According to people familiar with the situation, the Manhattan district attorney’s office is expected to charge the Trump Organization and its chief financial officer with tax-related crimes on Thursday.
This will mark the first criminal charges against the former president’s company since prosecutors began investigating it three years ago.
The accusations against the Trump Organization and Allen Weisselberg, the company’s longstanding top financial officer, represent a setback for former President Donald Trump, who has fought several criminal and civil investigations both during and after his presidency.
According to his lawyer, Mr Trump is unlikely to face charges. According to sources familiar with the situation, Mr Weisselberg has rebuffed prosecutors’ attempts to enlist his help.
According to the sources, the accused are scheduled to appear in court on Thursday afternoon.
According to the sources, the Trump Organization and Mr. Weisselberg will be charged with allegedly avoiding taxes on fringe perks.
The Manhattan district attorney’s office and the New York state attorney general’s office have been looking into whether Mr. Weisselberg and other Trump Organization workers improperly evaded paying taxes on benefits including vehicles, residences, and private-school tuition for months.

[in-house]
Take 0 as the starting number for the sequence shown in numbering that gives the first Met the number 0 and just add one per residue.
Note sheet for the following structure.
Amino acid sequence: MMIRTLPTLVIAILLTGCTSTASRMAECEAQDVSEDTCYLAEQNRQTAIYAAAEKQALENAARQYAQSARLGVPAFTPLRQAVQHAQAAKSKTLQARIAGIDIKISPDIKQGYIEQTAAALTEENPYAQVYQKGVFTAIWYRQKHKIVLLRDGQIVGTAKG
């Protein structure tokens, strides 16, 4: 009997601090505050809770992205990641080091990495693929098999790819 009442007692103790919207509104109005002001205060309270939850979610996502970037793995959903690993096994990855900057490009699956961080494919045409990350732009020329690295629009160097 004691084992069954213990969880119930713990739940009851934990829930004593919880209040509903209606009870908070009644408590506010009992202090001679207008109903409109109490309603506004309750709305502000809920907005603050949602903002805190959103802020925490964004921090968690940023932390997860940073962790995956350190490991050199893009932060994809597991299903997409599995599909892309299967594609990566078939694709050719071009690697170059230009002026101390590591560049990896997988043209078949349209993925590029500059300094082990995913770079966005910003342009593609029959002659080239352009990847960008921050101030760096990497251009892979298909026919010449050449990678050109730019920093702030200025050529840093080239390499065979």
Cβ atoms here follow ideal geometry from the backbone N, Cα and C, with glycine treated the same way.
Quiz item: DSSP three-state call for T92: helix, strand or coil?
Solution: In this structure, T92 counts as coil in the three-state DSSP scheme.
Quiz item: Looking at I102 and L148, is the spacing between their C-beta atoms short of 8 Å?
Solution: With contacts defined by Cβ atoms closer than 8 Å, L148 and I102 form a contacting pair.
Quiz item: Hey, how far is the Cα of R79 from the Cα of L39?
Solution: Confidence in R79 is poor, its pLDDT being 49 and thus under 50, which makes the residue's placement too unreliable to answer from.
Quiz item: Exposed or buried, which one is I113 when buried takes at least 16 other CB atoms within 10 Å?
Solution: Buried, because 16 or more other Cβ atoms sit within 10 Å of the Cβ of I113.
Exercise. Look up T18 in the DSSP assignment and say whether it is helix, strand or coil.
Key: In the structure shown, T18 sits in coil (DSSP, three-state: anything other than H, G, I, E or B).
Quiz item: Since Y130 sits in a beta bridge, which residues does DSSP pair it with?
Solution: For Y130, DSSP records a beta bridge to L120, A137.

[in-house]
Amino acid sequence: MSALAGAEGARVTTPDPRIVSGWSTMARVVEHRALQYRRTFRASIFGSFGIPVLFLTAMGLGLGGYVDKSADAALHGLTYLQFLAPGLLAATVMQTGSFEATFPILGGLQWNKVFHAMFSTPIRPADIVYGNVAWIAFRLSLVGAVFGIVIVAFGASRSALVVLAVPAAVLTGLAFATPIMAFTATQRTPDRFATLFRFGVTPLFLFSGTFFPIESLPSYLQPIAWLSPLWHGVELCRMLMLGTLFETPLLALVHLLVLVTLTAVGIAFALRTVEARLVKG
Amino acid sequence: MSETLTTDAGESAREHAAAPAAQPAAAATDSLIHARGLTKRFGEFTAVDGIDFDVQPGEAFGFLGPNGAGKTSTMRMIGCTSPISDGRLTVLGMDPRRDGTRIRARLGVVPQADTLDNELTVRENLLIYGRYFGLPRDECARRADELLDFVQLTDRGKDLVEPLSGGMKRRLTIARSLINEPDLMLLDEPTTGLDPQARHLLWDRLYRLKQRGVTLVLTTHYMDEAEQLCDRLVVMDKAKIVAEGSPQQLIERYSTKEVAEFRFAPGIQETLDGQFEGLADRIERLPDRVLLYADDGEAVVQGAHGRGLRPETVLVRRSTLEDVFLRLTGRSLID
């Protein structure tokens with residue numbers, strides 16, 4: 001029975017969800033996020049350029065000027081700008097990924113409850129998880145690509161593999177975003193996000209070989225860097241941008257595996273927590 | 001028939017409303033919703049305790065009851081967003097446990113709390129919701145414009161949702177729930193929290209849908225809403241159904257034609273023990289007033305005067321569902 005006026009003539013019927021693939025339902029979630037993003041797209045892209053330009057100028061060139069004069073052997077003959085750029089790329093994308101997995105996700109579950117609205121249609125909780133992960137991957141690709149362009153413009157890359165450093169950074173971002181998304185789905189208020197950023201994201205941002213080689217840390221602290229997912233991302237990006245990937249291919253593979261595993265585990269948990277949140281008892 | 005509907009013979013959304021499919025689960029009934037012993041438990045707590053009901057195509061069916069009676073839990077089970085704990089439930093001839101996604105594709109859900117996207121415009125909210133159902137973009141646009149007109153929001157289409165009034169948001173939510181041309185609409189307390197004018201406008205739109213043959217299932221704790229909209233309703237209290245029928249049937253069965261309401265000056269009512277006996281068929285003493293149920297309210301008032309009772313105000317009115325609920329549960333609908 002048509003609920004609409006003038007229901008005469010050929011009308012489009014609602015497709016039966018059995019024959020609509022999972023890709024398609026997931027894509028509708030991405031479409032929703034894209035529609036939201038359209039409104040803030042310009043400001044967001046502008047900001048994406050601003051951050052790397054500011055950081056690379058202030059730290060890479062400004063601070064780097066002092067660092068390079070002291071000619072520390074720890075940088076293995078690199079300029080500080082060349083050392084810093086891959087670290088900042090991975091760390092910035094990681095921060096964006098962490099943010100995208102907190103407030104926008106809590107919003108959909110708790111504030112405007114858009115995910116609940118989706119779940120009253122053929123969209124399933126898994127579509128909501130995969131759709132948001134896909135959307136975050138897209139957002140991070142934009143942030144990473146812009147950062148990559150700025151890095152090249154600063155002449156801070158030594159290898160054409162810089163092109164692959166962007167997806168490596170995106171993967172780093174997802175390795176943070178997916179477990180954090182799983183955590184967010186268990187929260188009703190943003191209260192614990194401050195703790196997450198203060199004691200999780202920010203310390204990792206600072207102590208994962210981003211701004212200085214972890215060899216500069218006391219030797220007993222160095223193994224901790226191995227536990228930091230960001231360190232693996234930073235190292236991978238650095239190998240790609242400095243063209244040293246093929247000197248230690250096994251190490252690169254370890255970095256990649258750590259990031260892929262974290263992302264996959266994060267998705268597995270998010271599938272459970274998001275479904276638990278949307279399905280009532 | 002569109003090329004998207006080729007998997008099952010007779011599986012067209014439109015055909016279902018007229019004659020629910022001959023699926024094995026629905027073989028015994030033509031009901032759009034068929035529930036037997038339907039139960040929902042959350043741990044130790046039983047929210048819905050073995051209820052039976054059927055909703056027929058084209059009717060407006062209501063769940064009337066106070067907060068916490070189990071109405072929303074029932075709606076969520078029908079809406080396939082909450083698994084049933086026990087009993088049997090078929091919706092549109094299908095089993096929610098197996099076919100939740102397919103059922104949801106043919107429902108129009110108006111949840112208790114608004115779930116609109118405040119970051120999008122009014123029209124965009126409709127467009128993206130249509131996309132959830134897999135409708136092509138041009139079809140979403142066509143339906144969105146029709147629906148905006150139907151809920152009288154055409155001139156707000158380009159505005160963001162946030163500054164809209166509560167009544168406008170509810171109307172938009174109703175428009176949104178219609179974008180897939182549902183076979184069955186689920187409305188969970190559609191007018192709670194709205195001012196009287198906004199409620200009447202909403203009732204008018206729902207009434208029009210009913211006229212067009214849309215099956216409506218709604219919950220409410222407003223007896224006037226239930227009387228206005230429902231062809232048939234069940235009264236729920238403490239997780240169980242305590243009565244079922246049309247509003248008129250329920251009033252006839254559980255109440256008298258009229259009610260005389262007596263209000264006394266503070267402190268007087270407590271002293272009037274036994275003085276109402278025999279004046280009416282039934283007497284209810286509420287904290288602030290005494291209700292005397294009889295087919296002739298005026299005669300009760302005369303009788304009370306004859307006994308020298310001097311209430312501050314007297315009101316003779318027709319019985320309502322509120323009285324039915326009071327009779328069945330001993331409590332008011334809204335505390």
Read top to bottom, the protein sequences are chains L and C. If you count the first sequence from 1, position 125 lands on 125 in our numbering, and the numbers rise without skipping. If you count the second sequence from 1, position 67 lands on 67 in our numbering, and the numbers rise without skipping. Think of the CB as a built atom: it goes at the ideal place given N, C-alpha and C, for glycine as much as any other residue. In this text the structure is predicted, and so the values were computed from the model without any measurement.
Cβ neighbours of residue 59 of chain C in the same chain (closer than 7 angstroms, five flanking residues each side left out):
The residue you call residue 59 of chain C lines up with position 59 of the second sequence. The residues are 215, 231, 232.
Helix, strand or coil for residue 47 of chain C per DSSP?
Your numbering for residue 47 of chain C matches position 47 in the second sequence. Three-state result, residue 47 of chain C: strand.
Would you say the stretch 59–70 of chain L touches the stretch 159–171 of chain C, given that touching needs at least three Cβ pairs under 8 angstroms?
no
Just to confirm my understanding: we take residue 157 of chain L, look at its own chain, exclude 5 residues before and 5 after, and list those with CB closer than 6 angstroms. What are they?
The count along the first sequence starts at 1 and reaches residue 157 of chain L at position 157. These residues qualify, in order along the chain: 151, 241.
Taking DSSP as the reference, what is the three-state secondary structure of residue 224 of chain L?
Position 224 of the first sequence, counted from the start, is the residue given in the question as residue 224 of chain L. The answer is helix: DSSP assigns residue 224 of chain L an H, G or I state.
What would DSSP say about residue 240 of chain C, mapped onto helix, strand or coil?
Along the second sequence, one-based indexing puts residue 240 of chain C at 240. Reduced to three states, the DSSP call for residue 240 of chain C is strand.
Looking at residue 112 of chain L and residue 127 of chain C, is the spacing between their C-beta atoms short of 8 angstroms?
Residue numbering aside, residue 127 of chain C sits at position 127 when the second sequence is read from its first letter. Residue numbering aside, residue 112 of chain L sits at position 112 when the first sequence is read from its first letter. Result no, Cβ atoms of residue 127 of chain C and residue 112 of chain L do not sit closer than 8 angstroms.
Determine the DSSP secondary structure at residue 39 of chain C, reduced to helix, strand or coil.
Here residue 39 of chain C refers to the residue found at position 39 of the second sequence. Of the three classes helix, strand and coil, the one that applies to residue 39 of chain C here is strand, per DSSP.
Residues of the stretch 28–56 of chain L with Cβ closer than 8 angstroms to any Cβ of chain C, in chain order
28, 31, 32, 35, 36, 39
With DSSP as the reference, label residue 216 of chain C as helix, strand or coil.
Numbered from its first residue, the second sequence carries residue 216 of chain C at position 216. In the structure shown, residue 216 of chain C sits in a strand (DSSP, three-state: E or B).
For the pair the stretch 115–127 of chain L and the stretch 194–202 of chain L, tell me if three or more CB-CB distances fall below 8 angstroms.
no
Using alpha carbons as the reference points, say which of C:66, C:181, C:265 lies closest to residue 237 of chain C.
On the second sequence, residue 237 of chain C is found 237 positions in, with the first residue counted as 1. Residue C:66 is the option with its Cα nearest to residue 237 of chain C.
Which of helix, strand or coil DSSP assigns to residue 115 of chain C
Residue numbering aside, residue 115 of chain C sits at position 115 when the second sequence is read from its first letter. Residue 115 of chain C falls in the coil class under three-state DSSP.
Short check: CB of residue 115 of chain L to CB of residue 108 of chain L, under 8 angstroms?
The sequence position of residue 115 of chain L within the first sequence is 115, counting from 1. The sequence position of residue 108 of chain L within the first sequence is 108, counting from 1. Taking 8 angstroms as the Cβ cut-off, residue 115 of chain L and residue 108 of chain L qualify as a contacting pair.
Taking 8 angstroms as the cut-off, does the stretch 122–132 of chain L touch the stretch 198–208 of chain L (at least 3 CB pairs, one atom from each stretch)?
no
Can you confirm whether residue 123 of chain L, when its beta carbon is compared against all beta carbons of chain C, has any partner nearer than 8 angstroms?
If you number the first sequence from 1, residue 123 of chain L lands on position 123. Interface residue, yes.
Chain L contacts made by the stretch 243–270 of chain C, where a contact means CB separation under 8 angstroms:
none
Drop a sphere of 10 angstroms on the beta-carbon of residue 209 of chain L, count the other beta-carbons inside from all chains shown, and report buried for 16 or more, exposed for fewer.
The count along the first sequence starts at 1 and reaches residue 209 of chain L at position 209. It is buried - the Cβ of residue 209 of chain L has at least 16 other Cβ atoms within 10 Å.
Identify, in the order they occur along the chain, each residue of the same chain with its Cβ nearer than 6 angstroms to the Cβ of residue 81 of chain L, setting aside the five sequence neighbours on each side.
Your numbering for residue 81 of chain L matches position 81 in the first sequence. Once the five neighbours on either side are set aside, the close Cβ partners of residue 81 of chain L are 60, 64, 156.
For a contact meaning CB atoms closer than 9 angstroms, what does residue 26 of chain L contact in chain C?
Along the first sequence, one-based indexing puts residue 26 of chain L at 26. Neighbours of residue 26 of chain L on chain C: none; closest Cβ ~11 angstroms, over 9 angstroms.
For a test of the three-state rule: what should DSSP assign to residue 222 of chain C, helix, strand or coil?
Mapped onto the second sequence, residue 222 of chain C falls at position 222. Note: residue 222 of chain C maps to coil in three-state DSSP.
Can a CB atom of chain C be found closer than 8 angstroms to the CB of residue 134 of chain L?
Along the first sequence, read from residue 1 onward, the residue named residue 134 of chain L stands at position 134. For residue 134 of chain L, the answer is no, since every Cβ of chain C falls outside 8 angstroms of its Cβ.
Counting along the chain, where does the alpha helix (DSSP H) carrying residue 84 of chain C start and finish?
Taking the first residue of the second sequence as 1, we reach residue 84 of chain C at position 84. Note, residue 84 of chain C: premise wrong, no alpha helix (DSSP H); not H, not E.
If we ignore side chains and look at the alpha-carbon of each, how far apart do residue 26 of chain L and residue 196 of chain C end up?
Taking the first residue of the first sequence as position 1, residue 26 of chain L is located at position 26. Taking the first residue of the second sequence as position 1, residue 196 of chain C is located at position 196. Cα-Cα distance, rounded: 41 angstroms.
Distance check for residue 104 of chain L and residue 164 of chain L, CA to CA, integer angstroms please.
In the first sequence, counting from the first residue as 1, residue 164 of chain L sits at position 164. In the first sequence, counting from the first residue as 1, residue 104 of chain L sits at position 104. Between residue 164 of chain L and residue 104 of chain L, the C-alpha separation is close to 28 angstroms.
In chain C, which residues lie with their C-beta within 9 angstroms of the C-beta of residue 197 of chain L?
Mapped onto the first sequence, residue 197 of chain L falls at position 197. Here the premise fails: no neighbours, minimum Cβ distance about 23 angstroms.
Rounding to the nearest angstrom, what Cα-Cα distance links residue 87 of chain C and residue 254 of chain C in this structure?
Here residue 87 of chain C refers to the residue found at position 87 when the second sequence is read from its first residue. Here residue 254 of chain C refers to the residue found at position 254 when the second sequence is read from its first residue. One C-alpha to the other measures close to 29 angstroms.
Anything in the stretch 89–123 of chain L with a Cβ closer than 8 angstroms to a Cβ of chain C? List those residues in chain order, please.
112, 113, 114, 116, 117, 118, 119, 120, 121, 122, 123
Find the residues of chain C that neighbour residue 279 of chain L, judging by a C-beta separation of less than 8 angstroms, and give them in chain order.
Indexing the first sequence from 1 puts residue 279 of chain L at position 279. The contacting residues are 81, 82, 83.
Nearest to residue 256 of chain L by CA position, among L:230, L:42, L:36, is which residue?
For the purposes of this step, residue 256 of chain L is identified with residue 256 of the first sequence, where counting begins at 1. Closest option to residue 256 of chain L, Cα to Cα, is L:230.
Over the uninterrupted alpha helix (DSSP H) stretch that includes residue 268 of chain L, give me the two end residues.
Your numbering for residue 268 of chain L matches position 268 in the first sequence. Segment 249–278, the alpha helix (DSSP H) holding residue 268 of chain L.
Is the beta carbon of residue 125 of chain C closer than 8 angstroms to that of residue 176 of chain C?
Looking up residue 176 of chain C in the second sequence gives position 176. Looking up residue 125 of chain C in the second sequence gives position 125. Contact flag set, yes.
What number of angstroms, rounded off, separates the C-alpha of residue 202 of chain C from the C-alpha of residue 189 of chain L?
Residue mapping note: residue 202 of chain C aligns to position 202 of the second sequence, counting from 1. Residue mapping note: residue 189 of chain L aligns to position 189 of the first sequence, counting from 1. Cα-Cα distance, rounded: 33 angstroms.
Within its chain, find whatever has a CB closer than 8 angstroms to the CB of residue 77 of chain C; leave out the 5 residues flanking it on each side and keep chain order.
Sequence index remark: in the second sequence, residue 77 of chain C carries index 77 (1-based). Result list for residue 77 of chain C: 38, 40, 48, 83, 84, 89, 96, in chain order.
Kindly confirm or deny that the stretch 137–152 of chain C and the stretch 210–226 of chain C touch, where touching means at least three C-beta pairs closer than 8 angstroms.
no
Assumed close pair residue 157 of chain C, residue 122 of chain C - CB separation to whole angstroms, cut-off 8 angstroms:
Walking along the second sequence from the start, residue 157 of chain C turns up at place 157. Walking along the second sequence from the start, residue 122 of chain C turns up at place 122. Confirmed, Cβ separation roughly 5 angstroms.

Prosecutors might pursue more criminal charges charging a conspiracy if they could demonstrate the Trump Organization and its officials regularly evaded paying taxes, attorneys suggested.
Mr. Weisselberg and his attorneys have remained silent about the enquiry and potential charges.
Mr. Trump has denied wrongdoing and said that the investigations, which are being undertaken by Democratic-controlled offices, are politically motivated.
He stated in a statement earlier this week that the case consists of “things that are common procedure across the United States corporate sector, and in no way a crime.”
Attorneys for Mr. Trump and his firm attempted to persuade prosecutors not to prosecute the Trump Organization in recent virtual sessions, claiming that prosecuting a corporation for fringe benefits or employee remuneration was unprecedented.
Former prosecutors say it’s uncommon to charge a person or corporation for failing to pay taxes on employee perks on its own, but it happens occasionally in larger cases.
The tax enquiry is part of a larger criminal investigation into whether the Trump Organization and its officials inflated and undervalued their assets for financial benefit on loan, tax, and insurance papers.
The criminal investigation, headed by the Manhattan district attorney’s office, and the civil investigation, led by the New York attorney general, have looked at financial dealings involving Mr. Trump’s Seven Springs home in Westchester, N.Y., and the Trump International Hotel and Tower in Chicago.
Both departments’ investigations are expected to continue, and further charges may be filed.
A lawsuit against the Trump Organization or its officials might arise from the attorney general’s civil enquiry. Additional indictments might result from the criminal probe in the future.